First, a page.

Danya’s work shows melted forms of toys – mostly bears in the featured series. “Not that I really like to burn, but I like the texture,” he notes. Danya knows who he is and what he wishes to accomplish, which is a refreshing read. Drawn illustrations punctuate the piece, adding a graffiti-aesthetic with references to street style. Although he references a dream about having a “70 year-old mistress” there is also talk of the war where he poignantly states, “not a fucking single square meter is worth a human life.” In the fourth piece titled ‘Brave New World’ with Anton Bundenko, BL8D discusses human lives at length in relation to privacy and the impact of data. “Even before all of today’s events, we have already witnessed how the entire system of values completely and absolutely collapses,” he notes. “The format of our lives has changed, the user experience has changed a lot.” The piece is a reflective stance on the stage we’re in as a digital human race and the impact that technology has had.

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Anton notes that the world that we’re now living in correlates to an exhibition from 2016 containing a story with robot-terrorists. On the “verge of absurdity and reality” he claims that “we are now living in one such story” where the line between truth and fiction is blurred. This is reflected in Jenia Filatova’s collection ‘The alien among us’ – featuring a set of other-worldly creatures with texture similar to flowers where the line between skin and leaf becomes intertwined visually with an unnerving smoothness. Textures are again explored in Anna’s piece in chapter five. The Helsinki-based creatives’ pieces feature edgy, colourful scenes including rubber gloves, an orange and embroidered collars. “In real life, I have a driving license, but I don’t drive a car. But in the dream, I drive it the way I imagine it.” Understanding Anna’s dream world is contrasted with Anna’s real world, as a Russian in Finland. “Films about the future, they look maximally naive in light of today’s agenda,” she notes.

“What kind of future can there be at all?” She asks. It’s a desperate question that no-one has the answer to, but Anna explains that there’s a generational divide that needs to be understood. “On planet earth, ridiculously, there are still regions where there is a lack of water.” It’s these world problems that remain in the eye of creatives such as Anna, who actively seek solutions within their work to these big questions. Liquid shapes and scribbles create the visual language around the piece, as well as individual colour themes per chapter – separating them but also unifying them with the creative portfolio divisions as a break between the interviews. Chapter six brings us back to the visual style of volume one, keeping the blurred typography and gradient designs to add depth to Elena Tash’s interview.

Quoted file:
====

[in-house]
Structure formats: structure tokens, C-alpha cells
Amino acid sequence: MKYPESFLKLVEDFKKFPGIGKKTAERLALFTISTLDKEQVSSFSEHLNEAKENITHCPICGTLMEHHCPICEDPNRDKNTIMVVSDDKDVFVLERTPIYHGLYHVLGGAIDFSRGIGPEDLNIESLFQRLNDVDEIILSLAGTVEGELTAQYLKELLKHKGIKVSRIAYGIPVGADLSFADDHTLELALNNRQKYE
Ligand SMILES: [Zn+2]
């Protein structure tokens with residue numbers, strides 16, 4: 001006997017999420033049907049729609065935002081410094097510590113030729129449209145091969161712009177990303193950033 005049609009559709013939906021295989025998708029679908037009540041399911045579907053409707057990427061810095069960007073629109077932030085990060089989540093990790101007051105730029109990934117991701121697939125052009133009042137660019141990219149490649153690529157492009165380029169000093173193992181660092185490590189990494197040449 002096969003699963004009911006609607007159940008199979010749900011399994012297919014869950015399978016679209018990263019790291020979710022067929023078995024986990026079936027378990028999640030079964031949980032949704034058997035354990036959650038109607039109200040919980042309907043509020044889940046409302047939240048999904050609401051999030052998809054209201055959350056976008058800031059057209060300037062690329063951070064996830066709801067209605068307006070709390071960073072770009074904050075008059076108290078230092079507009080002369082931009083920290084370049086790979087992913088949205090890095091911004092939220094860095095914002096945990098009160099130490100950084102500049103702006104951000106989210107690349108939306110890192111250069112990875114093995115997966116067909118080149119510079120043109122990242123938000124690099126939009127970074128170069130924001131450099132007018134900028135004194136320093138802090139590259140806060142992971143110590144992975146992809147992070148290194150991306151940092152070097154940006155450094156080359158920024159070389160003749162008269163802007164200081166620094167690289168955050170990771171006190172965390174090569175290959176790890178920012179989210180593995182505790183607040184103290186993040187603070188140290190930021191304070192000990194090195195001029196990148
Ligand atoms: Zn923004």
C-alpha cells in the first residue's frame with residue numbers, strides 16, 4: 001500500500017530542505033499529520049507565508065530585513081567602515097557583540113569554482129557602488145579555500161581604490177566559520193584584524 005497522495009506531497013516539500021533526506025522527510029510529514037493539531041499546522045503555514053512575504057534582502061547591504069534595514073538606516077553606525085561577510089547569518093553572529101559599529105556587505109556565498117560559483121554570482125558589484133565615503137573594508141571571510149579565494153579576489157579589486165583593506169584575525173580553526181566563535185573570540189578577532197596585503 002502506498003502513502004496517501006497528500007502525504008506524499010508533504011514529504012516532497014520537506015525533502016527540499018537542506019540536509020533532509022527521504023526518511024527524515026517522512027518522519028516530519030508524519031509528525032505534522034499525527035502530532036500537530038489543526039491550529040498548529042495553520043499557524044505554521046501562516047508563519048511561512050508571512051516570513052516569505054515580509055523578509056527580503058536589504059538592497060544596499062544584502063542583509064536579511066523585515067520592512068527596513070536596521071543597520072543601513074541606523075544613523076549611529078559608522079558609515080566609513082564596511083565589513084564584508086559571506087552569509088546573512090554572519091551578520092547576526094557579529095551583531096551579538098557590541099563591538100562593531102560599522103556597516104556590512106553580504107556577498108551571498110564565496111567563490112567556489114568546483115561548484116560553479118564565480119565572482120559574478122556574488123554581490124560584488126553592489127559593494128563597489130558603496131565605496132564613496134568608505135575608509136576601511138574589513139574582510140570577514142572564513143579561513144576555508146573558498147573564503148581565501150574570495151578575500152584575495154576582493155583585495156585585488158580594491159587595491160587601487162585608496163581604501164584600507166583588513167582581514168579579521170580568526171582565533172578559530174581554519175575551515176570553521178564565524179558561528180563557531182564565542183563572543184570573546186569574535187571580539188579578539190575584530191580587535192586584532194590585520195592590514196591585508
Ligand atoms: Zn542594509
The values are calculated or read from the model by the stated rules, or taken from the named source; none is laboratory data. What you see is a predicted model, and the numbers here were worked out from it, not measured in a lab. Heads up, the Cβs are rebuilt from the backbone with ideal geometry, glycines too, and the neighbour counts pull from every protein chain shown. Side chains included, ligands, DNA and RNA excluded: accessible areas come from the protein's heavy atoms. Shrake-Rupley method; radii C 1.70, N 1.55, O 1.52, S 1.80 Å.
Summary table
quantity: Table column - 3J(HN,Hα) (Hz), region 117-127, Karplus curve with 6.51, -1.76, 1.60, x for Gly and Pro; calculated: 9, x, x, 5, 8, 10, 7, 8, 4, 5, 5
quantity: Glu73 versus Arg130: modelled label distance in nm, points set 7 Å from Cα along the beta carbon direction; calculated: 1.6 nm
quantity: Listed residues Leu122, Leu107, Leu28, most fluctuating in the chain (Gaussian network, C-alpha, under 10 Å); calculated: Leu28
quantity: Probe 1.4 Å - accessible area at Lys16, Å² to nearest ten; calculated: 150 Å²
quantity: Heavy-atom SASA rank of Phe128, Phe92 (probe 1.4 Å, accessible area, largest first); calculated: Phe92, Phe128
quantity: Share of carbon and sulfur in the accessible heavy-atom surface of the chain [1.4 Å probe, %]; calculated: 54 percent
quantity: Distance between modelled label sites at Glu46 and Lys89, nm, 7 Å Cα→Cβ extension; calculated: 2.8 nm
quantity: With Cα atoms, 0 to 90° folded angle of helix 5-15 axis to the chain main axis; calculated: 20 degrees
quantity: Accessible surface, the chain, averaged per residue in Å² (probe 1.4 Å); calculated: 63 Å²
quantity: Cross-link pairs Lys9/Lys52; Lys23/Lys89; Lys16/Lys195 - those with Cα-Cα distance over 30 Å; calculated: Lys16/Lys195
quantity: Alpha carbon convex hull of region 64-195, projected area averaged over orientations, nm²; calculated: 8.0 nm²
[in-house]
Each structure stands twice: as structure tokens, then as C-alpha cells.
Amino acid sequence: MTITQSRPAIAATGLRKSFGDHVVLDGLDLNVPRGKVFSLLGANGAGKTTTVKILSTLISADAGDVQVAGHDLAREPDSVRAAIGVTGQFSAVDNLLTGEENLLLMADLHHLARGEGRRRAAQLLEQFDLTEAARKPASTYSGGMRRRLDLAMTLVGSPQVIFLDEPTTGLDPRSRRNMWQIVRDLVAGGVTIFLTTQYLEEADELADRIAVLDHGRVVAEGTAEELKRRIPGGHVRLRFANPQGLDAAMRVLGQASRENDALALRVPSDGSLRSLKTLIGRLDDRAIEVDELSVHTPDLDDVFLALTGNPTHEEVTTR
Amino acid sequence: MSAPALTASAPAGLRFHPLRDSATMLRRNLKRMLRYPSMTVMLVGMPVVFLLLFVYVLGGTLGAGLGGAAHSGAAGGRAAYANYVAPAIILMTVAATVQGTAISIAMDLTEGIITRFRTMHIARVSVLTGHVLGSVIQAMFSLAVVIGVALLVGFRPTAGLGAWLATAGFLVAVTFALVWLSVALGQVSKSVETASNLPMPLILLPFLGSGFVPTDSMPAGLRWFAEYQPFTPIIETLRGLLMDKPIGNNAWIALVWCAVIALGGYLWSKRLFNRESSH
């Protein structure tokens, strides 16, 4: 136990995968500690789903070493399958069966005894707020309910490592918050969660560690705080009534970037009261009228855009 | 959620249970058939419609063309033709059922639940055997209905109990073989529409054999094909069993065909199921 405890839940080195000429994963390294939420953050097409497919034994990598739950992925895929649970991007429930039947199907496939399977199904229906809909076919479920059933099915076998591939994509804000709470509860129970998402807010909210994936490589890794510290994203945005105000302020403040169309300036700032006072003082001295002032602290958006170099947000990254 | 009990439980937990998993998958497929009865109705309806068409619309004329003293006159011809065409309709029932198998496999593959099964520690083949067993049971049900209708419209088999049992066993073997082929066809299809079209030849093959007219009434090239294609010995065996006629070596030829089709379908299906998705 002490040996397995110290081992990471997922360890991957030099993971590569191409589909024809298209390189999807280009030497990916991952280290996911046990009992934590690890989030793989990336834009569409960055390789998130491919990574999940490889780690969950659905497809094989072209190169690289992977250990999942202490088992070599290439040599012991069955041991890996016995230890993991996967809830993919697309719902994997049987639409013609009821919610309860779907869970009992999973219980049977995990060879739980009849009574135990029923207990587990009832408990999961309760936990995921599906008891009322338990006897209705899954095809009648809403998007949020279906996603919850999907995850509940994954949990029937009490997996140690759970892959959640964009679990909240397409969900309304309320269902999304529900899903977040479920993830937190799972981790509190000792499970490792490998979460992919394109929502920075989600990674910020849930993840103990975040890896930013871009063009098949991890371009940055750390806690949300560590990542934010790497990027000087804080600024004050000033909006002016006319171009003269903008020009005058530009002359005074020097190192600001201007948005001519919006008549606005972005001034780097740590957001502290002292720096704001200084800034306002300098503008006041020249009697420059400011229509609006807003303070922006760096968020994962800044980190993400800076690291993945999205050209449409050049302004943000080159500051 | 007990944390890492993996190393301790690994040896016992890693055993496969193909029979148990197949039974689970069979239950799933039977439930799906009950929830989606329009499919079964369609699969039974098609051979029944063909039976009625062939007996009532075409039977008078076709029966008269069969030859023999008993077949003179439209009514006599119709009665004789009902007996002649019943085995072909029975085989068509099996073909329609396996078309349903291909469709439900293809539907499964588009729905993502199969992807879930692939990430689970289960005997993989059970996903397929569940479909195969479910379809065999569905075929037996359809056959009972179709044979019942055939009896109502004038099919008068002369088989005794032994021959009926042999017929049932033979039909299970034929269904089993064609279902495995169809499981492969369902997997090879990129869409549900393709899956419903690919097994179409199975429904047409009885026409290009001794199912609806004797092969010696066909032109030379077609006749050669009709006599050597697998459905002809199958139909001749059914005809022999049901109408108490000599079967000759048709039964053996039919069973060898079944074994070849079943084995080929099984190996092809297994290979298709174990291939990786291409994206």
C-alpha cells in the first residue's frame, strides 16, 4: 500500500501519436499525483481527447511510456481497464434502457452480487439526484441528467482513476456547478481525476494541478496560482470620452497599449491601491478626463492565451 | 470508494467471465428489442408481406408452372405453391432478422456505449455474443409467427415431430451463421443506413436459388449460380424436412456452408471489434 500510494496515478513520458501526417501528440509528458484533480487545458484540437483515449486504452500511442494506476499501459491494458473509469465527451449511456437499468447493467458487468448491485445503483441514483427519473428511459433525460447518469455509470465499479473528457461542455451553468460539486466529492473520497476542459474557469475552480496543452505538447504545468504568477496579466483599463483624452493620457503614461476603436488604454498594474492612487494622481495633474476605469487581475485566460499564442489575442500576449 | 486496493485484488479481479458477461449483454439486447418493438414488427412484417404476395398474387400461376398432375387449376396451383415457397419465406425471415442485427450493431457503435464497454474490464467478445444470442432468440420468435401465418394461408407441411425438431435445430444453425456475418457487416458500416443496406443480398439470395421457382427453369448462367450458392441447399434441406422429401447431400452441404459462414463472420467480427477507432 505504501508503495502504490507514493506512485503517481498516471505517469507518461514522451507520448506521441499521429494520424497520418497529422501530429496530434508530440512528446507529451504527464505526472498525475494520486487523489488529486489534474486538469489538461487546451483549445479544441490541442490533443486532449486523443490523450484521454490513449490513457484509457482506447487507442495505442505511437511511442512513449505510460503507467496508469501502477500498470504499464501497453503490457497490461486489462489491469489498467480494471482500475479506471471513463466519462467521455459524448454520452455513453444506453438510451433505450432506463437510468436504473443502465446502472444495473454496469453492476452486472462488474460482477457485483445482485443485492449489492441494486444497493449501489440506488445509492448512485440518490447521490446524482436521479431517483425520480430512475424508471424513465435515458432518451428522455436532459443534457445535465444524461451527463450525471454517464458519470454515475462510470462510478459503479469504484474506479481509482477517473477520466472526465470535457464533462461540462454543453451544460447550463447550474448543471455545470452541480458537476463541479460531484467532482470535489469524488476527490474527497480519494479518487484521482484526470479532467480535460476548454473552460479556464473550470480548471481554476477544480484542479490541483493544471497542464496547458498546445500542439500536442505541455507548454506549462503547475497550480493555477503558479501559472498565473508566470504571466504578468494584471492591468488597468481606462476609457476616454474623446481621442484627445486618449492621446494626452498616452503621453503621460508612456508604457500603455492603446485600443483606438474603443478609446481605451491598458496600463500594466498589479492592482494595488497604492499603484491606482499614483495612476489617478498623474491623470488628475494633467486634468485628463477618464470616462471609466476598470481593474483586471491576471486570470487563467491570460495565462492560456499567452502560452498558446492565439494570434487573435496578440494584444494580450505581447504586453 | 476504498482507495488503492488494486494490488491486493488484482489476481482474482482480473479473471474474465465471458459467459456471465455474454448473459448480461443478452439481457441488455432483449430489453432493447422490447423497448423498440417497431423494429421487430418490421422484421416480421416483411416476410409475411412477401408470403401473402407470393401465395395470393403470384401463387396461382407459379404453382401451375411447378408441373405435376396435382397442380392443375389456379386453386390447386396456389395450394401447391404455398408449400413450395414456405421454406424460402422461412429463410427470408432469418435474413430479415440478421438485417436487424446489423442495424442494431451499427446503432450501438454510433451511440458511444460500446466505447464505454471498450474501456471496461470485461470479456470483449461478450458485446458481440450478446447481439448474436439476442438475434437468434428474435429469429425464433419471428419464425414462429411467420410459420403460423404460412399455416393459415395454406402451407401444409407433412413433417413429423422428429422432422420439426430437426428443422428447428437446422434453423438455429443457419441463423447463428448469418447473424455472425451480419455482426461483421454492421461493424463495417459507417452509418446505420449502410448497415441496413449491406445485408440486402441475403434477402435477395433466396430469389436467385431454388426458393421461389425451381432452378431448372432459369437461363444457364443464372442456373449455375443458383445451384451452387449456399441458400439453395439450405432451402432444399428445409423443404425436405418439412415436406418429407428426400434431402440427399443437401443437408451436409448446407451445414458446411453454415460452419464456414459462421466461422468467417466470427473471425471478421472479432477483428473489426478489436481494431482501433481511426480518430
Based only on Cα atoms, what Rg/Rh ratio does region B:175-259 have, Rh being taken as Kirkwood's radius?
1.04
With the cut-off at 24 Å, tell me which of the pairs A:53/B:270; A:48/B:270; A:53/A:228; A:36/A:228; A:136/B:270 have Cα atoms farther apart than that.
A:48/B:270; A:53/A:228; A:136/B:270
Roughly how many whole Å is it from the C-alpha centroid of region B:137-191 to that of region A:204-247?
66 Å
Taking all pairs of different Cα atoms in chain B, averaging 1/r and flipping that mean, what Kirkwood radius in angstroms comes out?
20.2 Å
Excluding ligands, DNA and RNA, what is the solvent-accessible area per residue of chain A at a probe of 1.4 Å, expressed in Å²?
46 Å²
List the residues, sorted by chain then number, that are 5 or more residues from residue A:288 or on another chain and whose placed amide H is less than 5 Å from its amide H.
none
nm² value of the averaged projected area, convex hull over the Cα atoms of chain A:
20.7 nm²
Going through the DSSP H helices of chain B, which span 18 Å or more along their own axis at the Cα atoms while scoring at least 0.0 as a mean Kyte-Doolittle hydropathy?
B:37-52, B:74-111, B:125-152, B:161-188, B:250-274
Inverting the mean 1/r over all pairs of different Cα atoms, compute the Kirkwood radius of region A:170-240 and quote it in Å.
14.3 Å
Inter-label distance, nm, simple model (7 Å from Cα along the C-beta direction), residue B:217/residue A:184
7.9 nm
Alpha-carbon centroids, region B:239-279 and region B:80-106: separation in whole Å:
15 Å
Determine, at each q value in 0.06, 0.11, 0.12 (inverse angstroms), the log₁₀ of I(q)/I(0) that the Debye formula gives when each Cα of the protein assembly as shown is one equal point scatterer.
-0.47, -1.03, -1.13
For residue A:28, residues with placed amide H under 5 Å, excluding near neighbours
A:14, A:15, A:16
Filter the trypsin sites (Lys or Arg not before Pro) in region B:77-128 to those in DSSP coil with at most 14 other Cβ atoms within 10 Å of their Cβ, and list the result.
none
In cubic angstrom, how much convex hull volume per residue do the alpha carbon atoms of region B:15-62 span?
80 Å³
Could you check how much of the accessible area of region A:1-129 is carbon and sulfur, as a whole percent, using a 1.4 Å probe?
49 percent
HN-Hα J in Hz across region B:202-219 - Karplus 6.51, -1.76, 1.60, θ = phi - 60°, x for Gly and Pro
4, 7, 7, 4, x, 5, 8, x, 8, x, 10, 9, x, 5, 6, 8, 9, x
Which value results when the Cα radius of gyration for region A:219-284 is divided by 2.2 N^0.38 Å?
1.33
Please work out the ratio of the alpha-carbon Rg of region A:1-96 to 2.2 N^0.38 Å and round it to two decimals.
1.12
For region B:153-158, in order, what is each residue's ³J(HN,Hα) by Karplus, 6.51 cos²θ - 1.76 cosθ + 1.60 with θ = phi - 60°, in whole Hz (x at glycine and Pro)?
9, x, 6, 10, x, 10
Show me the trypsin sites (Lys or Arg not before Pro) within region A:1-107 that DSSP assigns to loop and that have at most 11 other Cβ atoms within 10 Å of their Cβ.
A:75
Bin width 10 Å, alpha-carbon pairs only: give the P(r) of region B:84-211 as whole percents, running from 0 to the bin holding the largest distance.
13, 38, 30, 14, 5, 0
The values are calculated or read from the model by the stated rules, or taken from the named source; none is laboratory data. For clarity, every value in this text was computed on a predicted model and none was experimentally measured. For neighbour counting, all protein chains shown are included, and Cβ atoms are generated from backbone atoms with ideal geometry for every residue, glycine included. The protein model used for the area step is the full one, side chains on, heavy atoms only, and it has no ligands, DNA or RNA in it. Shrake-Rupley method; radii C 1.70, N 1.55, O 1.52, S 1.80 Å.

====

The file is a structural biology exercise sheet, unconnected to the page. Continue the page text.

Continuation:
Elena’s interview contains a huge range of images from their latest collection of fashion items, a “transformational” remake of garments including trousers and vests. “It’s unplanned, and it was really great to sew these thoughts into things,” she notes. “I had immense enjoyment and realized that it was like compiling some new story, a fairy tale, a mixing of cultures through my intuition and feeling.” But they also note that they feel powerless in the current situation. “I dream of the Apocalypse often now because I can’t stop thinking about the war.” Although there is a prolific output of beautiful artefacts, there is the underlying narrative of the war – taking up space in all of the artist’ brains. When asked about dreaming of the future, Elena notes that people will need to choose between good and evil, and truth and fiction – taking us back to Anton’s piece. “It’s hard to think about the future now; if only it was possible to help those who are lost,” she adds.

BL8D aims to keep us on track and help us explore truth through authentic storytelling and keeping us in contact with work that continues to be made outside of the artists’ previous “Empire”. The lines between truth and fiction work in parallel with reality and dreams. The reader is asked to decipher which is which and what impact either narrative can have on thoughts, feelings and our dreams. Ultimately human stories, each tell their version of their truth and how they understand the future. Although it’s not a one-size-fits-all scenario, we can’t help but relate to the artists in multiple ways. Reality can change in a split second, as we understand from the interviews and the instant news cycle we’re accustomed to. It is creativity that preserves through the noise and this is how humans can defy the odds of an uncertain future. Universally we can understand that we can’t predict the future, but we can relate to BL8D’s mission to drive us towards a thoughtful, grounded existence.